The city of Nanjing is not as well-known outside of China as it perhaps deserves to be: a city of 10 million people and a former capital, it falls into the sizable ranks of the second-tier largely unknown cities. This tour of the Gulou district was given by a Scottish postgraduate student of Chinese art who lives in the area.
On a generously warm Monday morning in April, four of us assembled outside of Xuanwumen metro station and made our way from point to point. The locations we stopped at were generally buildings of historical importance. Surrounding these sites, however, was the usual clutter of Chinese city streets: advertising, infrastructure from a bygone age and the ubiquitous shared bikes. These historical buildings are not necessarily well preserved, indeed some are run down and slowly crumbling. We passed an old man peeing against the side of the the former foreign ministry.
The tour was focussed on early 20th century history and more specifically on the brief period of time between 1928 and 1937 when Nanjing was once again the capital of China. This could have been a real political can of worms but we were more flirting with the subject than giving a pointed critical perspective upon it.
And this was probably a wise choice since the vast majority of English speaking visitors simply require a Nanjing 101 introduction. Still, knowing what I do, I would have enjoyed a particular take upon the material rather than the presentation of the most consensual aspects of it.
One of our group turned out to be a historian and long term resident of Nanjing. He was gracious enough not to turn this into a tour with two competing guides, something I witnessed in East London a few years ago. This was one of the many moments we were handed out cards with pictures of republican era politicians.
When we stepped away from the important sites and looked at this wall, which sports pictures of the neighborhood's architecture, the tour took a different direction. This was the one moment we talked about how contemporary politics had a role to play in shaping an indifference bordering on neglect of the area's history. We were touring the former institutions of state of the KMT, the rivals to the communists, and this was a history that was not politically expedient. Indeed Nanjing remains the, in name only, capital of the Republic of China (Taiwan) and so this tour would never be given in this sort of form in Chinese. As small-scale tourism for foreigners it could be tolerated but if it were given in Chinese there would be too much political investment in its contents to allow it much freedom to deviate from the party line.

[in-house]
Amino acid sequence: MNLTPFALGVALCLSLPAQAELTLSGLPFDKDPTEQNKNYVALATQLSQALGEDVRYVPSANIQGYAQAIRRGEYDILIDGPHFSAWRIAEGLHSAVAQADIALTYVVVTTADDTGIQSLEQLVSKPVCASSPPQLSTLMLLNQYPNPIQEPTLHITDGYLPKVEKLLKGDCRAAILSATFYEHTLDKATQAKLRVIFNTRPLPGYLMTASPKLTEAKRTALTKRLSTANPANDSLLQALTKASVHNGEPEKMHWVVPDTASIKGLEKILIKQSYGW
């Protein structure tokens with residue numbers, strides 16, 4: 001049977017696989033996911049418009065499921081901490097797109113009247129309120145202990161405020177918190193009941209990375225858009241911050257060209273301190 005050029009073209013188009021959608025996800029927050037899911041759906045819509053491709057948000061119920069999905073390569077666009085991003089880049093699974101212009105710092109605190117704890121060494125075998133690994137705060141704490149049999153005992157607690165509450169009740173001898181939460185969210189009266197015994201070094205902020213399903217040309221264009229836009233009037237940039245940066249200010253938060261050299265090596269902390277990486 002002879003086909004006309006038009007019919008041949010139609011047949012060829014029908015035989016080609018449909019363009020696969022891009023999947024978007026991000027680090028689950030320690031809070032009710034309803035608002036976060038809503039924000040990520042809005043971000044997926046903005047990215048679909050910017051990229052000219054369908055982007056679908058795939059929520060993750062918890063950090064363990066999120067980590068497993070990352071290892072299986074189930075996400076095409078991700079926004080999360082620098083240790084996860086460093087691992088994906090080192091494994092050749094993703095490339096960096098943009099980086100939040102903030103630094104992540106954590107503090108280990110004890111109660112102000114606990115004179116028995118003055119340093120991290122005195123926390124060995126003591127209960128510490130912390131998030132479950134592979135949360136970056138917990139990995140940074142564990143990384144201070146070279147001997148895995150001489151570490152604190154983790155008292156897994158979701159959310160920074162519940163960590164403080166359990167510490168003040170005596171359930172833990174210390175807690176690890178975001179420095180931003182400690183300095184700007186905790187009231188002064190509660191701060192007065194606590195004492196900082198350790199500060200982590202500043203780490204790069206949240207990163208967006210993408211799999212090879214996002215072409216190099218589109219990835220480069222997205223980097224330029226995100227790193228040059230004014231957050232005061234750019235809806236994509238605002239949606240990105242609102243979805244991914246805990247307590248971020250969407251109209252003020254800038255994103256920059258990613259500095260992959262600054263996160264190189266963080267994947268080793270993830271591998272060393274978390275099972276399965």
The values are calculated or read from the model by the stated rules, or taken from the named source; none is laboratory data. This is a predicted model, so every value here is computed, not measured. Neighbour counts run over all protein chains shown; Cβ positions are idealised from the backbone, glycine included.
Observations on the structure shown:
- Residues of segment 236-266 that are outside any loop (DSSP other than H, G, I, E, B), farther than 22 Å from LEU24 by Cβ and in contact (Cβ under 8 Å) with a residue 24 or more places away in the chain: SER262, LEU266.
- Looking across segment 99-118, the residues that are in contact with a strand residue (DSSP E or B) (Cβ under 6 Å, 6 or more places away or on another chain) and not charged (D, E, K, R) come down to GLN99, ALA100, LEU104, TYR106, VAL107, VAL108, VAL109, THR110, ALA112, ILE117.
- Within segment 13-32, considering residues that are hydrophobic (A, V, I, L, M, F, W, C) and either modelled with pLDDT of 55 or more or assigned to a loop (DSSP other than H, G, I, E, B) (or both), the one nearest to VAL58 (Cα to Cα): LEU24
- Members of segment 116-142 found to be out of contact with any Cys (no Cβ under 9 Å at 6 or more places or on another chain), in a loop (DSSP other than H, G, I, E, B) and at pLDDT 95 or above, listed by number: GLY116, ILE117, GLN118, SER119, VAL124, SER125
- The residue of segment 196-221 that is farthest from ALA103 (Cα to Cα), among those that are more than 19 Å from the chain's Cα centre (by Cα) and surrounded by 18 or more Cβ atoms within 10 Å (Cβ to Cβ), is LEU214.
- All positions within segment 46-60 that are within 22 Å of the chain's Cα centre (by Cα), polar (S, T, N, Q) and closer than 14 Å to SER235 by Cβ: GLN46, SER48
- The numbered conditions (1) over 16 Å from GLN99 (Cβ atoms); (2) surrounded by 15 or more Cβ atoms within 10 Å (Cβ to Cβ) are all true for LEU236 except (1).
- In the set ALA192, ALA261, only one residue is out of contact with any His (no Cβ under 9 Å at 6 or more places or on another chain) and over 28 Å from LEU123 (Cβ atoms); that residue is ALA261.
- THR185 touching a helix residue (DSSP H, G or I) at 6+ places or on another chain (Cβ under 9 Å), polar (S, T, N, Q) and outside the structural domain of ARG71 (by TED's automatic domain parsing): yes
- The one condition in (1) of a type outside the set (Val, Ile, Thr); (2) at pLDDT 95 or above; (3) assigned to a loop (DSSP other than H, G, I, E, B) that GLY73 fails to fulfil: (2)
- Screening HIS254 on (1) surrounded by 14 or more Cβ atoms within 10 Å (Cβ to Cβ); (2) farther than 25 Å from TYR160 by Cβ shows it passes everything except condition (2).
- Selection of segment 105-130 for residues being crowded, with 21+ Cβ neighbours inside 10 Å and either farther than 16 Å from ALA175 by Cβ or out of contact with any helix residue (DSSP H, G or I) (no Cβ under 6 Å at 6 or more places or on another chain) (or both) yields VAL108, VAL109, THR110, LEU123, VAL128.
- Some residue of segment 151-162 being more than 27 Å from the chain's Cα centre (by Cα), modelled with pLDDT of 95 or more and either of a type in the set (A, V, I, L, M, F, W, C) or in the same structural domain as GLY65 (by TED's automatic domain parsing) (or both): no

In the local tourism centre, basically a lonely room with a scale model of the neighborhood, it was possible to gaze over the district once again. The model looked so much more elegant than the actual streets, as often happens. Looking over this model of the Gulou district gives me the idea of a tour that utilises the Droste effect. I can imagine a tour that represents itself within the tour, and that representation in turn contains its own image of itself. Such a tour has a wicked potential for self-conscious commentary. Having met a VR specialist last week and heard about some of the current possibilities, this is not as fanciful a notion as it may seem. That would indeed be a tour of tours - a tour in which all of the tours would have to appear superficially identical while the commentary framing them would be free to roam wild.